The Angelystor of Llangernyw.
‘When the bell begins to toll,
Lord, have mercy on the soul.’
The Venerable Bede, 672-735.
Our forefathers were fearful of the devil. They understood that Satan and his followers congregated around churches hoping to steal souls. Devils and demons, it was believed, were most fearful of the sound of bells. In Ireland evil spirits were driven away by the ringing of church bells. The same is true in Scotland. In Wales the mournful toll of a church bell, known as the passing bell, would start when a person was on their death bed. During the funeral, the church bell was often accompanied by the ringing of a second, smaller, hand bell. This corpse bell, as it was known, would be carried in front of the body, as it was carried to its final resting place, to protect the soul of the dead person from Satan.
Many Welsh churches were built with north and south facing doors. Before a funeral or christening, the north door would be opened then, the priest would enter through the south door. The north door, commonly known as the devil’s door, would remain open during the service so that evil spirits in the church could flee from the ringing bells they feared so much.
Despite these and other precautions, evil spirits were still a problem in churches. One church with a particularly unpleasant kind of demon was St. Dygain’s in the village of Llangernyw. The demon was an Angelystor or ‘Recording Angel’ so named because, at the stroke of midnight each All-Hallows Eve, the demon would whisper the names of those who would pass away in the coming year.
When a new tailor named Shon Ap Robert moved into the village he was amused to learn about the messenger of death that haunted the church. Shon was a strong confident young fellow, full of life and always ready for some fun.
“An Angelystor you call it, who can foretell the future. What nonsense. I don’t believe in spirits,” he said one evening in the tavern.
“Don’t scoff at things you don’t understand,” warned his drinking companions.
As the evening passed and more ale flowed, Shon grew bolder.
“I’ll prove there’s no such thing, this very Halloween, by waiting in the church until the clock strikes twelve,” said Shon.
“Don’t be a fool,” replied the landlord.
“Leave the Angelystor in peace if you value your soul,” said another.
“How much do you wager that I will hear no names?” challenged Shon with a swagger.
“I will stake five shillings, you will hear a name and that person will be dead within the year,” said a drinker by the bar.
“Sir, I accept your wager,” cried Shon.
Every day the villagers tried to dissuade the tailor from his quest. The priest warned him it was a mistake. The doctor told Shon he was a fool and the tavern keeper, frightened for the young mans sanity, tried to stop him.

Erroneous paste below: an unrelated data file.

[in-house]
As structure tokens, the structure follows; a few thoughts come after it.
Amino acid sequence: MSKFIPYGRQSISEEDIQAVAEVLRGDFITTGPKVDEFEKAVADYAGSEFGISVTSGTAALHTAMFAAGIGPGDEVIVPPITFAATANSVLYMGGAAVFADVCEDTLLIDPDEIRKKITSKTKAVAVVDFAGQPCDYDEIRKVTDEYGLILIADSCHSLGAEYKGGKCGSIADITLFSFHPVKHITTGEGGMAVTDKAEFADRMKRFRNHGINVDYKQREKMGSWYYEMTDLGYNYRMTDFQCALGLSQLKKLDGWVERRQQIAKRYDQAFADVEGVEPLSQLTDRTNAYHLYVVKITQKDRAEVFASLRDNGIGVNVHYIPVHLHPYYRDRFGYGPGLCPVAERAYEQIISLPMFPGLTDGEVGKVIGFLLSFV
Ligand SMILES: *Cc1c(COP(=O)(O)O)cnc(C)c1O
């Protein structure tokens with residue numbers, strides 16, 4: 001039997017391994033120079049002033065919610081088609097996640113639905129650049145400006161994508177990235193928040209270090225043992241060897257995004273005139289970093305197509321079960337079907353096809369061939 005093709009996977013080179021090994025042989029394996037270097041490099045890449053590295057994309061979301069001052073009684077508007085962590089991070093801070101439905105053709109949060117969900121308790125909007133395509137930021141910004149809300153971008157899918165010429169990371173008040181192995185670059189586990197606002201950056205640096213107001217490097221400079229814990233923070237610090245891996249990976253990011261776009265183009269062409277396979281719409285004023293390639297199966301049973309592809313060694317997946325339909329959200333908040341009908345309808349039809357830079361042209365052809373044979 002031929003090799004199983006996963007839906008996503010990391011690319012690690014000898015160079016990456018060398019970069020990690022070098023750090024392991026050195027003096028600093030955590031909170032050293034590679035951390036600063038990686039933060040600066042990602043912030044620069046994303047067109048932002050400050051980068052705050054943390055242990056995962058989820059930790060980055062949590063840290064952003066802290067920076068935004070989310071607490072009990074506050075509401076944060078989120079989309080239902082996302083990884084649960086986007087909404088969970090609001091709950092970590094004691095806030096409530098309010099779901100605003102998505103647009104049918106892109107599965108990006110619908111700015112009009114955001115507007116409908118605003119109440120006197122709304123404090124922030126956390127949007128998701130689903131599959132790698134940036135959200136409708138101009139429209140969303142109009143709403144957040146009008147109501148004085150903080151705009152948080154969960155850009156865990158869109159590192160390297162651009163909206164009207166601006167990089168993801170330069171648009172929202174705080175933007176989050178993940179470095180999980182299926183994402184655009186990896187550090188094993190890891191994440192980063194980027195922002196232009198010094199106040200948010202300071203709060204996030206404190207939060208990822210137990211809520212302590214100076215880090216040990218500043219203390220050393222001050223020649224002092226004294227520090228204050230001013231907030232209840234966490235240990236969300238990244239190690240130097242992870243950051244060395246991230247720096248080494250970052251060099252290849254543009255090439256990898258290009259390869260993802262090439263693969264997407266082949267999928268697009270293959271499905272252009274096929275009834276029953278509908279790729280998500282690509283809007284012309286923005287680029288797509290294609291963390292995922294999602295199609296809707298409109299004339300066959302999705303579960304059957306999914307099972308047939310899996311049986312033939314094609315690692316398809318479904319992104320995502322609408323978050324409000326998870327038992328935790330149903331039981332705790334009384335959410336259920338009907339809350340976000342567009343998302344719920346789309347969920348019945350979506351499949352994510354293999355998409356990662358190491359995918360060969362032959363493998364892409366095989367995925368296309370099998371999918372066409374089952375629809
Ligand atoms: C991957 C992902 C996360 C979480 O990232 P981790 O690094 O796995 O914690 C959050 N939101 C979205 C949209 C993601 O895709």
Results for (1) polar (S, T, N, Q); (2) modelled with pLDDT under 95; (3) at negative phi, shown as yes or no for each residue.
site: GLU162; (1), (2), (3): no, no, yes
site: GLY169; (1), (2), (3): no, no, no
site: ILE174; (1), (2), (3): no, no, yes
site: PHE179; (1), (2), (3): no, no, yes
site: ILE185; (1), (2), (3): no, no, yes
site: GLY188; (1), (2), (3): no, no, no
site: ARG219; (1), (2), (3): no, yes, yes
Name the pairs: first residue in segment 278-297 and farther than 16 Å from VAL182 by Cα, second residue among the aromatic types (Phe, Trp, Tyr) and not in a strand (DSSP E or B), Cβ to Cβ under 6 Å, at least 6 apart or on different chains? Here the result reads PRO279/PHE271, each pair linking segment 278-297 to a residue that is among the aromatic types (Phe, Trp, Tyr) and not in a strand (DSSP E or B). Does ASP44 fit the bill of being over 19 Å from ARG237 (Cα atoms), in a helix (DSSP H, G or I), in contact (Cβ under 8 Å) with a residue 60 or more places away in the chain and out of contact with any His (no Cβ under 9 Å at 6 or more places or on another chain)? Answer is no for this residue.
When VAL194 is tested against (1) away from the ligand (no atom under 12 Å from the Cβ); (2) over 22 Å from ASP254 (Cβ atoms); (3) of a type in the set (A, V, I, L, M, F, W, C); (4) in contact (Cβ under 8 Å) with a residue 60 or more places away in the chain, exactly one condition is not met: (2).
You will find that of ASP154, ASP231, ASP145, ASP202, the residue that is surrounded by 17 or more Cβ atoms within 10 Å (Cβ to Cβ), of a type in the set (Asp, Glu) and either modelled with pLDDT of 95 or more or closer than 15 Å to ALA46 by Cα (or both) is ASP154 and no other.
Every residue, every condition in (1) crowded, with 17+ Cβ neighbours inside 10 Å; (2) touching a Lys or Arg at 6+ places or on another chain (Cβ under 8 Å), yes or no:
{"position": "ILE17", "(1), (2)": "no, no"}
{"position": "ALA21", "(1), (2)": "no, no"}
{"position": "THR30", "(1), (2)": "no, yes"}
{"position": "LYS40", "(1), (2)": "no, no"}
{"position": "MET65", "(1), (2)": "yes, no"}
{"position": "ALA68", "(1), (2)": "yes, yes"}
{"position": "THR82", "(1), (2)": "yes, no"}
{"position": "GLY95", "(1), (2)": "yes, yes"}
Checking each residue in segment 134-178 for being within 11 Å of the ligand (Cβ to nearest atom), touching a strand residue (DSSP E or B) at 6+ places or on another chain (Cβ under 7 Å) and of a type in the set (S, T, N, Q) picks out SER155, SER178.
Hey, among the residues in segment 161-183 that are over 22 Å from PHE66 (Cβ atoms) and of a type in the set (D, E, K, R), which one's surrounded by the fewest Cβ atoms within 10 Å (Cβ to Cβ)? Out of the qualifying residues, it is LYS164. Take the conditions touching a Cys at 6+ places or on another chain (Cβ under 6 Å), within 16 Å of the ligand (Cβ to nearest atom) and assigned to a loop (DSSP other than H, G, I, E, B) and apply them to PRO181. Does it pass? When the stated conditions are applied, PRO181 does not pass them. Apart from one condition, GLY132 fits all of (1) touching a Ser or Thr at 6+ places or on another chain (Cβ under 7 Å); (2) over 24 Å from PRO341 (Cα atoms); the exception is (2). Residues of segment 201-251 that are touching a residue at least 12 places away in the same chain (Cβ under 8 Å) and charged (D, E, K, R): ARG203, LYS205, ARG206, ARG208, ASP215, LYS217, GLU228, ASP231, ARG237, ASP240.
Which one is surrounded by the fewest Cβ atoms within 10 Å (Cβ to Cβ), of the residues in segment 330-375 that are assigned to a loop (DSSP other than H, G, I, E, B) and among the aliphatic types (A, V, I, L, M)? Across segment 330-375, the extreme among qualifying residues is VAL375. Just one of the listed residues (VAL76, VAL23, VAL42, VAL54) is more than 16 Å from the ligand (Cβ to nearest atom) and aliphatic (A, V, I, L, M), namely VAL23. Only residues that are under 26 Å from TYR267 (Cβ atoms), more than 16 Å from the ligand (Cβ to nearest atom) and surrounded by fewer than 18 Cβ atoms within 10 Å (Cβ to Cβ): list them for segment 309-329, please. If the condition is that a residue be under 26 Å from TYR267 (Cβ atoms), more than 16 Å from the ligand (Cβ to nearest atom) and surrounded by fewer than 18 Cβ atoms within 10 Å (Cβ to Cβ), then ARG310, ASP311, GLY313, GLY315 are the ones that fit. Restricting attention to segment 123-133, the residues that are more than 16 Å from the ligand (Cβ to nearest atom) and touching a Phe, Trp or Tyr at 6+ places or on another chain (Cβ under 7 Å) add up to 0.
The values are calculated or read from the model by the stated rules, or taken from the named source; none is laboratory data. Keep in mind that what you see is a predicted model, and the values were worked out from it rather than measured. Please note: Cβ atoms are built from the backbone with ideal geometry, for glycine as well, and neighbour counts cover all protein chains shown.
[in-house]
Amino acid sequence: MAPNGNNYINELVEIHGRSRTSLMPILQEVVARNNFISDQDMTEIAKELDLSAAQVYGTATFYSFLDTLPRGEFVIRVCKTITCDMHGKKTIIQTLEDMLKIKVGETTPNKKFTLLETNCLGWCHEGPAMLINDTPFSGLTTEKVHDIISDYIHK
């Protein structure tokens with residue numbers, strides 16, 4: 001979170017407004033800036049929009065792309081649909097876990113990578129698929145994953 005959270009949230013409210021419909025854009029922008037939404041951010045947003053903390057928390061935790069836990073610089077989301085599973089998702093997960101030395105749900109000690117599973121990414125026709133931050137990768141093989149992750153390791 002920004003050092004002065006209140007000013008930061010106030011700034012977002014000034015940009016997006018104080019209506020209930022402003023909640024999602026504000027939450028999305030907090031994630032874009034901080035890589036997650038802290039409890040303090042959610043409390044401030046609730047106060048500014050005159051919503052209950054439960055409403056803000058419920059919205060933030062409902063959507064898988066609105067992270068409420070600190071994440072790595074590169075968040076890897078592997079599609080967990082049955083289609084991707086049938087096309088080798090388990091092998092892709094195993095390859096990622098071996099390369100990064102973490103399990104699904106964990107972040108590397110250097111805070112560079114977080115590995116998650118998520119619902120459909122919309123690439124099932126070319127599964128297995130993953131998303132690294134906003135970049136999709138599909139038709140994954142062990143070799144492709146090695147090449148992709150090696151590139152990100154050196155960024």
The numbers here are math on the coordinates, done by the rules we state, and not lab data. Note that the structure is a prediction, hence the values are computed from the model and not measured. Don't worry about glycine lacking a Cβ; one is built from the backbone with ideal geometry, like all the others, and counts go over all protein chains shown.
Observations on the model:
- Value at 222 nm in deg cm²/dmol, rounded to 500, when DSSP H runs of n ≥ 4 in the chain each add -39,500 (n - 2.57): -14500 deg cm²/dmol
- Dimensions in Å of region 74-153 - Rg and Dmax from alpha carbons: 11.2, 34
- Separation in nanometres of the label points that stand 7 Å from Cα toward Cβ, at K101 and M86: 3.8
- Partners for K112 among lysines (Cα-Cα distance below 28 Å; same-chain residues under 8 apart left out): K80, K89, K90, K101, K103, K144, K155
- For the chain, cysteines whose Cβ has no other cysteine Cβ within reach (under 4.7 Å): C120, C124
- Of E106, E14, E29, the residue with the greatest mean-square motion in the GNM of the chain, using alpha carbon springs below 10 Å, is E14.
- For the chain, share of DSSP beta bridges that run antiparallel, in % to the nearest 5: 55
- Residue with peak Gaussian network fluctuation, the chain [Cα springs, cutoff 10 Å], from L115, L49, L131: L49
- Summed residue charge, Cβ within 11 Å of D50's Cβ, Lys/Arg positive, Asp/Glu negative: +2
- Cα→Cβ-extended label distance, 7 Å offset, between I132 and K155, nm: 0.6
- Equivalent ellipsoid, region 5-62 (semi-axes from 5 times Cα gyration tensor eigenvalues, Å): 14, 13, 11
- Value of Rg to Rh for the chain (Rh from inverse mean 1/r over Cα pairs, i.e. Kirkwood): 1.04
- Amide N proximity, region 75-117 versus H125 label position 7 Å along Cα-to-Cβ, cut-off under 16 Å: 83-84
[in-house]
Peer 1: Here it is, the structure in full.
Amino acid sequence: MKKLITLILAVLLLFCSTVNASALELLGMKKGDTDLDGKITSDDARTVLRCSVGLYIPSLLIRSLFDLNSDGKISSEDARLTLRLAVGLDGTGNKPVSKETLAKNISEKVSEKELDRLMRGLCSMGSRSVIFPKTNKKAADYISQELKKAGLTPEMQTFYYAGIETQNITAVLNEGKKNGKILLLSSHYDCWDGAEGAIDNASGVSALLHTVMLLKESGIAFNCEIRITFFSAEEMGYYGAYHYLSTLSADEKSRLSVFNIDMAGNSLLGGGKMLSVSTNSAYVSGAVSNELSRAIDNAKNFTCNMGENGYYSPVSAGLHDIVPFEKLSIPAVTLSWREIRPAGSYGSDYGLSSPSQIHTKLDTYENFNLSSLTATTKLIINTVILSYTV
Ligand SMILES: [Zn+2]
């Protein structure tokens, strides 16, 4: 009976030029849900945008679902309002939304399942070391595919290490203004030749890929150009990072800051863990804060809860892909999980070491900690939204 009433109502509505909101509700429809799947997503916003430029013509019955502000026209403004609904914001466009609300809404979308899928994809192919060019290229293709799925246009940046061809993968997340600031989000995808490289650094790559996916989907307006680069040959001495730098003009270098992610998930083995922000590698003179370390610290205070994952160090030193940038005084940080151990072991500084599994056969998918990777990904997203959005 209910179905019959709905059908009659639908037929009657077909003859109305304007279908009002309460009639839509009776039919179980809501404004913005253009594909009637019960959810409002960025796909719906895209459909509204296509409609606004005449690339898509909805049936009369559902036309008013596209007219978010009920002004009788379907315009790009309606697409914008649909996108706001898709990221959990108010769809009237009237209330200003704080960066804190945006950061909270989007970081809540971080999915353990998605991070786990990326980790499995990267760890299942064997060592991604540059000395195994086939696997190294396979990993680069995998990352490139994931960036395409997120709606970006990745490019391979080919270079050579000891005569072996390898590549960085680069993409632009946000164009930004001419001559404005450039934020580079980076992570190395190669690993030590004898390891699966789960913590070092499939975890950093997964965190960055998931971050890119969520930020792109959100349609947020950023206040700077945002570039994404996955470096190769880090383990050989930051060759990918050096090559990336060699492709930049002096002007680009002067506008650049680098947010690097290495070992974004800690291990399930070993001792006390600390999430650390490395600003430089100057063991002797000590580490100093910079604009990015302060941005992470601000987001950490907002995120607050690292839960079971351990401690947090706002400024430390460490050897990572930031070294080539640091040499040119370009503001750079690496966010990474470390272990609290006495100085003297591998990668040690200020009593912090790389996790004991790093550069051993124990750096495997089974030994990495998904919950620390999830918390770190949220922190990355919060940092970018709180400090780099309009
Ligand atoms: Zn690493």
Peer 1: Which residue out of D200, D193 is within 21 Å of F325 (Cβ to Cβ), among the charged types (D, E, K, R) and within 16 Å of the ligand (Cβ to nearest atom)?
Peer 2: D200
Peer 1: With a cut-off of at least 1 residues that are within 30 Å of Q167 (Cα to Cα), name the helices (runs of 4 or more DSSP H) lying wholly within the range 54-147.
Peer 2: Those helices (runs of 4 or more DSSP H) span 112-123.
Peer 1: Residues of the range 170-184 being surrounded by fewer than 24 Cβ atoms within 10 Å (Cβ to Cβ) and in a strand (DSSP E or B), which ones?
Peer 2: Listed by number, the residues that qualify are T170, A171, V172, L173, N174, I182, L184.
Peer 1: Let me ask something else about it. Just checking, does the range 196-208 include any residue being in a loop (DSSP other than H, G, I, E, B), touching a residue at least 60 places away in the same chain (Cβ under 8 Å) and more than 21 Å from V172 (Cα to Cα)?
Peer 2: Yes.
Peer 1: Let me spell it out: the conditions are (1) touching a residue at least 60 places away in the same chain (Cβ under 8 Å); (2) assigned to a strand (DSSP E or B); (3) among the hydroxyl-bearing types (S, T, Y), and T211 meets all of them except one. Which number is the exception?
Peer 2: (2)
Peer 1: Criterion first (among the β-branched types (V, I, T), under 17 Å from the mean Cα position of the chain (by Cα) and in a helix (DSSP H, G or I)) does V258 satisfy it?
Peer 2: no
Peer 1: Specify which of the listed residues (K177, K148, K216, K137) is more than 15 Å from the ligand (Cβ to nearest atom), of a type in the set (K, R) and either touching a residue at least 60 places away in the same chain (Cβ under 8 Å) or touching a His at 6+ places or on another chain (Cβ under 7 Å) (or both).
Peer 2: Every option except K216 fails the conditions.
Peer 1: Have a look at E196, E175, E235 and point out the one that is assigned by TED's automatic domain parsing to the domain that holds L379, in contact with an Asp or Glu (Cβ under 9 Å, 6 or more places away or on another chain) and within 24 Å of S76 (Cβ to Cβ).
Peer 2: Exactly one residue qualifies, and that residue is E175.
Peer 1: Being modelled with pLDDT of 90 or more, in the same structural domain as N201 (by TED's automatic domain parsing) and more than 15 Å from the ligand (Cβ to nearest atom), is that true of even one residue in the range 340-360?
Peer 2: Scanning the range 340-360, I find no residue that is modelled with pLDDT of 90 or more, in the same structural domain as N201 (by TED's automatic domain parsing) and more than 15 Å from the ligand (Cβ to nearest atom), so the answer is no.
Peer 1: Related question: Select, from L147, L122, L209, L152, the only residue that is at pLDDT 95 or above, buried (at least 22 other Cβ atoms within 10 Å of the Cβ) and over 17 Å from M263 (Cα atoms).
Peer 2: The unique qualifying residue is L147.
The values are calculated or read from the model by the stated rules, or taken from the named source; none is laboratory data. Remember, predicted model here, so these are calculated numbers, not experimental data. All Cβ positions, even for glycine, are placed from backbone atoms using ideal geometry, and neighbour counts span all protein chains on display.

“A bet has been made and as a man of principle I am obliged to honour it,” replied the confident tailor and would not be swayed.
October passed quickly and late on All-Hallows Eve he entered the church alone. His solitary candle flickered casting strange dancing shadows on the walls. Shon ap Robert sat quietly on a pew, near the altar and waited. Outside the great yew that grew in the churchyard was being buffeted by the wind. Shon held his pocket watch up to the candle. It was ten minutes to twelve. Slowly, the minutes ticked past. The cold church air was chilling Shon to his very marrow and he felt less confident than that convivial evening in the tavern.
“Even if I hear a name, it cannot harm me,” said Shon to himself and waited nervously in the gloom.
There was a bang and the north door of the church burst open. A gust of wind blew out Shon’s candle. Then the door slammed shut, leaving Shon in darkness.
“Who’s there,” shouted Shon but there was no reply.
Instead, he heard something shuffling across the floor.
Shon wanted to jump up and flee but the church was dark as ink and he had no idea where the door was. He sat as if riveted to the pew.
“Shon Ap Robert, Shon Ap Robert,” whispered a voice, close by.
Shon could feel putrid breath near his face.
“Hold. Hold. I’m not ready,” cried the tailor and fumbled for a match.
“Shon Ap Robert,” whispered the voice again.
He struck the match. There was no one there. He was alone in the church. Shon looked at his watch. It was one minute past twelve.
The people were shocked when they saw the tailor, the following morning. His hair had turned white with shock and his face was wrinkled with age.
“Did you see the Angelystor?” asked the villagers.
“I saw nothing,” replied Shon.
“Tell us. Did he whisper the names,” asked the priest.
“Just one,” replied Shon and wearily handed over the five shillings he had wagered.
Shon Ap Robert never told the people of Llangernyw who the messenger of death had named that fearful night but, when he died within the year, they knew. Everyone in the parish was at the funeral and the corpse bell was rung loudly to protect the unfortunate tailor, who had dared hear the Angelystor, as he was laid to rest.